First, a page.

Monday, January 17, 2011

Review: Black Swan

Non Spoiler Review:
Darren Aronofsky's latest film sets Natalie Portman on a dark, personal odyssey to perfect her role as the white swan/black swan in a production of Swan Lake. Neurotic, obsessed, perfectionist, Portman's character, Nina, can master all the technical aspects of her dance, but unable to truly feel the darkness of the black swan to bring the role to life. Saddled with an outrageously jealous and smothering mother, backstabbing peers and a seductive director playing head games, the film charts her descent into the well of her personal demons.

Natalie Portman stars as Nina Sayers, Mila Kunis as the new, free-spirited dancer Lila, Vincent Cassel as director Thomas, and Barbara Hershey as Nina's horrific mother.  If you're a fan of Aronofsky's other films, Black Swan will not disappoint and delivers the same stunning visuals and complex, exhaustive characters from previous films. The Swan Lake production that unfolds in the final moments is well worth the wait and provides a satisfying conclusion.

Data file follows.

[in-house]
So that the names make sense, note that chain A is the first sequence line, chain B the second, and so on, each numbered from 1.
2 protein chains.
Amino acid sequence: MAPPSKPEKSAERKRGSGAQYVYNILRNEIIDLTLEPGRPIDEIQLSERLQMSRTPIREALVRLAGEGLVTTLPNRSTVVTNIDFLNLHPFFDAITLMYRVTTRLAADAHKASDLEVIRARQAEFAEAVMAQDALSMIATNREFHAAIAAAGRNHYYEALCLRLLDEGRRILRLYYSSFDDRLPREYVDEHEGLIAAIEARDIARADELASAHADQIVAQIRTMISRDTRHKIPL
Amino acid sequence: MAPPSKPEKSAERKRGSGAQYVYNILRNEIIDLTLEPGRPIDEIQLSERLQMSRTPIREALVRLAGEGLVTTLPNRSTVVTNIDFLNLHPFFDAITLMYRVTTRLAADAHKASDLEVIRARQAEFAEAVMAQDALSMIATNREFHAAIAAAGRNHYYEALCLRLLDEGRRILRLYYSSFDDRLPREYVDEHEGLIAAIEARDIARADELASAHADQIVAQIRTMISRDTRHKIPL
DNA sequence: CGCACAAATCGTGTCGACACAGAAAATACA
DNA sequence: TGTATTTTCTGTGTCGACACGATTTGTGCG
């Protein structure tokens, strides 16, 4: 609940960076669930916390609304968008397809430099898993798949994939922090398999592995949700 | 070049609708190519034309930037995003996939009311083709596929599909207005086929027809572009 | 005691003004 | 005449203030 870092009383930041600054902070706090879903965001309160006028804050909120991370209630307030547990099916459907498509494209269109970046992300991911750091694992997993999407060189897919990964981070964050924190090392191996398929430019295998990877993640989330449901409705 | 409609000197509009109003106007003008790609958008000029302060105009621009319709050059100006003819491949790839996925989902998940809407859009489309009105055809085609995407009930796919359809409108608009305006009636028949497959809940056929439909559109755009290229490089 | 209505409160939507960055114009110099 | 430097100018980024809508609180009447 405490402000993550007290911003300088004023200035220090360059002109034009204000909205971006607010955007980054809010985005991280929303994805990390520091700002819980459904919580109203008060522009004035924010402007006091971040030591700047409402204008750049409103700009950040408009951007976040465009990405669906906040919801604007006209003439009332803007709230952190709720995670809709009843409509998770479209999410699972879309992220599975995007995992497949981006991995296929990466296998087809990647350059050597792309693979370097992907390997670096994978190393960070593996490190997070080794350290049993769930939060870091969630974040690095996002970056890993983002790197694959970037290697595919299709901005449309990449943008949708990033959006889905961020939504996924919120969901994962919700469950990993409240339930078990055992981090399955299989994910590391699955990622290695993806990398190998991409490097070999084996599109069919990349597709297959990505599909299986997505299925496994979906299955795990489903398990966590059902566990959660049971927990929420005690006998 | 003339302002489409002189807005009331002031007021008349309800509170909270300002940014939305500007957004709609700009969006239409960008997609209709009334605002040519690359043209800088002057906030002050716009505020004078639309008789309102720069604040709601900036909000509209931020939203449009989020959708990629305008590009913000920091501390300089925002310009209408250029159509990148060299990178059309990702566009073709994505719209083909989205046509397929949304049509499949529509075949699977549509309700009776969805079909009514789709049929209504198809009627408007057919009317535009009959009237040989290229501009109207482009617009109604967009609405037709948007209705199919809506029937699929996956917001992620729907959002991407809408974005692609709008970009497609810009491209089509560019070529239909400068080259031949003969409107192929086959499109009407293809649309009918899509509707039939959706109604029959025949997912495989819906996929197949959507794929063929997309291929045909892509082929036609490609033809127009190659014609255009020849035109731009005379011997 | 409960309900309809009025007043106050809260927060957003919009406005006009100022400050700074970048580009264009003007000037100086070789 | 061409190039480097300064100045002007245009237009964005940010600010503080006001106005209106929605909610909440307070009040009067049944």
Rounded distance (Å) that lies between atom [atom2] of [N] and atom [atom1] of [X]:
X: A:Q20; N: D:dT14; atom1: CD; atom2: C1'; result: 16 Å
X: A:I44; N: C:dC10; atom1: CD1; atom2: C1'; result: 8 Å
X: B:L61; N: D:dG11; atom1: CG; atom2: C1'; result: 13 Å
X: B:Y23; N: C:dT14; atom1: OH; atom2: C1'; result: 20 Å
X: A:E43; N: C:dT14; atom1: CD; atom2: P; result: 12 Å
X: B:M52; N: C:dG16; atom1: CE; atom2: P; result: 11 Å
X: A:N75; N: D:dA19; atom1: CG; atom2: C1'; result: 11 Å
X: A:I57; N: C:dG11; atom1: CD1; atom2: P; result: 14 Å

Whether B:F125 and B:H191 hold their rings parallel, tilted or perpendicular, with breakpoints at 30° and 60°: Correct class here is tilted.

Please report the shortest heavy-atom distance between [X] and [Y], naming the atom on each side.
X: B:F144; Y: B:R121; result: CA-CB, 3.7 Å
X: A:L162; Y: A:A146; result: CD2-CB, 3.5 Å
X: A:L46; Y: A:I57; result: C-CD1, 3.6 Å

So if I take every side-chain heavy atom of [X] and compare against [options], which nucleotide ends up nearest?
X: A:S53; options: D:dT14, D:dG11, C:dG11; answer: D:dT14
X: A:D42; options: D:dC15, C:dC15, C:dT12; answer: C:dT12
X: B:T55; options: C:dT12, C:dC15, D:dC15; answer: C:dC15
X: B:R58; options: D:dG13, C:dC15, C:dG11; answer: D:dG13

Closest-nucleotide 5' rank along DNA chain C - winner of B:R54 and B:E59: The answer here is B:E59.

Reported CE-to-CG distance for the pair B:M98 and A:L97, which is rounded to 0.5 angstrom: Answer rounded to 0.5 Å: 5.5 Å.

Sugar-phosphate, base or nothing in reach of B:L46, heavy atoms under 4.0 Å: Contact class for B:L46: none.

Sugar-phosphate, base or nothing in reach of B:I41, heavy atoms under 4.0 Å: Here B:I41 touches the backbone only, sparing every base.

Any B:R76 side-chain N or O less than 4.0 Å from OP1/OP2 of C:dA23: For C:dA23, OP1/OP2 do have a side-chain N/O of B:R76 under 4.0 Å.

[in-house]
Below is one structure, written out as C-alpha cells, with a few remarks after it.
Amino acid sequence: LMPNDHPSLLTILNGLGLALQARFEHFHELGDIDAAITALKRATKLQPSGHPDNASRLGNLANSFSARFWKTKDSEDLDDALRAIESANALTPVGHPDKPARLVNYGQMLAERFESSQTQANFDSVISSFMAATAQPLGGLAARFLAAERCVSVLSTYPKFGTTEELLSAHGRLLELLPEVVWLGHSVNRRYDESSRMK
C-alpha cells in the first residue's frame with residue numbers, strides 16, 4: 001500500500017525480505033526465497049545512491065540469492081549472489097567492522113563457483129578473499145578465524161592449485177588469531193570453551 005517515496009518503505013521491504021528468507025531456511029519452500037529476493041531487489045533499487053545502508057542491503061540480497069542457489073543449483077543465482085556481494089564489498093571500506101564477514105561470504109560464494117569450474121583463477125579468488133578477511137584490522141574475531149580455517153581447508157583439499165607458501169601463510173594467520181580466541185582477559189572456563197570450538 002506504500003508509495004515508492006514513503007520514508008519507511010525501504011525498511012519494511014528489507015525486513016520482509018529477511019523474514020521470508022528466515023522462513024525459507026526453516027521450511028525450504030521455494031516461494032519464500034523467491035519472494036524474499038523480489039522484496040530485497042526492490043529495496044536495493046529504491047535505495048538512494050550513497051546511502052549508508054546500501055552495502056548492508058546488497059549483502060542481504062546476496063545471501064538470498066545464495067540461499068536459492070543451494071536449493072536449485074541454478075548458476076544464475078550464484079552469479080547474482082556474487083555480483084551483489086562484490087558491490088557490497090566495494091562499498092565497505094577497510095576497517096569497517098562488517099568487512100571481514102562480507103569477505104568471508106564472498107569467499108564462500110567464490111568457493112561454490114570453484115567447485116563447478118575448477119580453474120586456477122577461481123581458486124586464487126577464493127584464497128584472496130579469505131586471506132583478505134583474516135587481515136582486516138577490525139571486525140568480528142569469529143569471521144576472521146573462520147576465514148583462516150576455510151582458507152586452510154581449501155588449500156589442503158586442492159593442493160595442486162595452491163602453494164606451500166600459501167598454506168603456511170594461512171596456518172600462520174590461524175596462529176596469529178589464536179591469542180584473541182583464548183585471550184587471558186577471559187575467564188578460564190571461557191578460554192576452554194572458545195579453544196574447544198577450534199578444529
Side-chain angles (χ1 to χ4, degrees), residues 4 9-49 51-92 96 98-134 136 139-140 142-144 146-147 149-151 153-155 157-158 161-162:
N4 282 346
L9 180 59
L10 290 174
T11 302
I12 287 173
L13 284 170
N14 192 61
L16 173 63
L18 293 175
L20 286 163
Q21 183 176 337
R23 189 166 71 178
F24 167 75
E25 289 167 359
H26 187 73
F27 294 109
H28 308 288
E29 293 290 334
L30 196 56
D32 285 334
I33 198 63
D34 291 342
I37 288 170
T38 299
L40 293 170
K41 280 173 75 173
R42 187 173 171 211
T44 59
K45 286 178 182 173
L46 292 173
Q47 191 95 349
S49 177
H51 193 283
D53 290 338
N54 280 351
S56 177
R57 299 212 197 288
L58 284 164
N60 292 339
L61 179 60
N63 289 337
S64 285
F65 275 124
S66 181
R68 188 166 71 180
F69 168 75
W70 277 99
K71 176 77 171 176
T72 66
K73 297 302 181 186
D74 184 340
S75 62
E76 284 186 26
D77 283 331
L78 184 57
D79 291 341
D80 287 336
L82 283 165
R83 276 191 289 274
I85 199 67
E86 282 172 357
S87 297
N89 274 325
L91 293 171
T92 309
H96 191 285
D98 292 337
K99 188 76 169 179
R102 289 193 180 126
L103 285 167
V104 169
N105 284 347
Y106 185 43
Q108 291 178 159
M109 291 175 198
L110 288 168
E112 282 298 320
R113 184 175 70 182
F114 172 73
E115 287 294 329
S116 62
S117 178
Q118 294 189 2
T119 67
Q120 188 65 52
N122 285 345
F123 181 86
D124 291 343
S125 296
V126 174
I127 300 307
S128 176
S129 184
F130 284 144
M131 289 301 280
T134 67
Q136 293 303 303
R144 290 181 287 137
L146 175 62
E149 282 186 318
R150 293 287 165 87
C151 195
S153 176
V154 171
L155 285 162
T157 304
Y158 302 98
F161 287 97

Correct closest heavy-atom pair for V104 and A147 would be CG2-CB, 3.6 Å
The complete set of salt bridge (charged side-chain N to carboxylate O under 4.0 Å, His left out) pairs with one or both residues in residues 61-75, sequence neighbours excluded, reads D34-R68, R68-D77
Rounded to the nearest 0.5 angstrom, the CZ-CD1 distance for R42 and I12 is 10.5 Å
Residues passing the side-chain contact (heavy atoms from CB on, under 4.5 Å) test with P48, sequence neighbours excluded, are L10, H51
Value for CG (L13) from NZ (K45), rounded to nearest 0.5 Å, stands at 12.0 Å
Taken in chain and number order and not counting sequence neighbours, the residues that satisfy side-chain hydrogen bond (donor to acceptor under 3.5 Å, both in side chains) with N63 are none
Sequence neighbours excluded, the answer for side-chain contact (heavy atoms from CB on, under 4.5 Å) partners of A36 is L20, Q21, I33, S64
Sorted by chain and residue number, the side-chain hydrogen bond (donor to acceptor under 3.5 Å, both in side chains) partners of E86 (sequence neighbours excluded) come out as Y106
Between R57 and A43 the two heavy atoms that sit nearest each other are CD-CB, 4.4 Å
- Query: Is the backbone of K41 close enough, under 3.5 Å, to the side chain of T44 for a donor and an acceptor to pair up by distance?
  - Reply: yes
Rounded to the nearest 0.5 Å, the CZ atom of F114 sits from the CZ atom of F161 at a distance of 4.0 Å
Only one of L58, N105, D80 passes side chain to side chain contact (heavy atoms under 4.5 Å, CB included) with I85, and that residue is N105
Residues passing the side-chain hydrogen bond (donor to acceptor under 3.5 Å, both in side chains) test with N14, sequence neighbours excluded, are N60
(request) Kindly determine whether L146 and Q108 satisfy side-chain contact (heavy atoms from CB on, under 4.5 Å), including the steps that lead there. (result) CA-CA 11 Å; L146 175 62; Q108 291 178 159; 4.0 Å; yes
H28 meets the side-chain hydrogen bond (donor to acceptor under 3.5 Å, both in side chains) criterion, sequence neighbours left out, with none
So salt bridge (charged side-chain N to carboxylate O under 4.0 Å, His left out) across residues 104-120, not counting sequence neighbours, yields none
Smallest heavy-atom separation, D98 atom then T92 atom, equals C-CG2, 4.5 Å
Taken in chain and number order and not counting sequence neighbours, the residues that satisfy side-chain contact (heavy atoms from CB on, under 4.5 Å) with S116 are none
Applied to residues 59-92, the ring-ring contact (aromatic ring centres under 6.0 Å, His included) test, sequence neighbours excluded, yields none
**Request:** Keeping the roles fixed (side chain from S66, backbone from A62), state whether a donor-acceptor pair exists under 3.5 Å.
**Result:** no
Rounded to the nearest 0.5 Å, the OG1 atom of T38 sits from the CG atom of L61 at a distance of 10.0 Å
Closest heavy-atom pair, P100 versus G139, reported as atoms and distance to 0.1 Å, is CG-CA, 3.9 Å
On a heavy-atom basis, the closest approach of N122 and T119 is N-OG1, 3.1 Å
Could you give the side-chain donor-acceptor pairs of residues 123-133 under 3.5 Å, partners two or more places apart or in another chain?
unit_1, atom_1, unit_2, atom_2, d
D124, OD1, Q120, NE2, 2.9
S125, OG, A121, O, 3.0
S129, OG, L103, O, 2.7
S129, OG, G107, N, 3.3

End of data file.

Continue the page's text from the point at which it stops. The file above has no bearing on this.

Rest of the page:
For all it's intricacies, the plot is a very simple one—a dancer struggling with the role of a lifetime. The harsh environment of the ballet school shows both the mental and physical trials of the dancers. Portman has really grown as an actress (my palette is finally cleansed of Padme when I watch her) and has a chance to show her stuff as her obsessive character struggles to cast off her inhibitions. Winona Ryder has a small but memorable role as the older has been star, who has been cast aside by the director in favor of the more youthful dancers.

I found the film very compelling from start to finish, just watching these fully dimensional characters unfold on screen. The sets, costumes and makeup deliver memorable and beautiful imagery. As a performance driven piece it moves quite briskly and does not feel long at all. Black Swan easily sits among Aronofsky's best work.

My only real critique comes from the over-hyping of the film in media, which did ramp up my expectations. If you're a fan of Aronofsky's other works like Requiem for a Dream, Pi, or The Fountain, you'll not be too surprised by what you see. For someone unfamiliar with the director, it might come across as something wildly different than what they're used to. 

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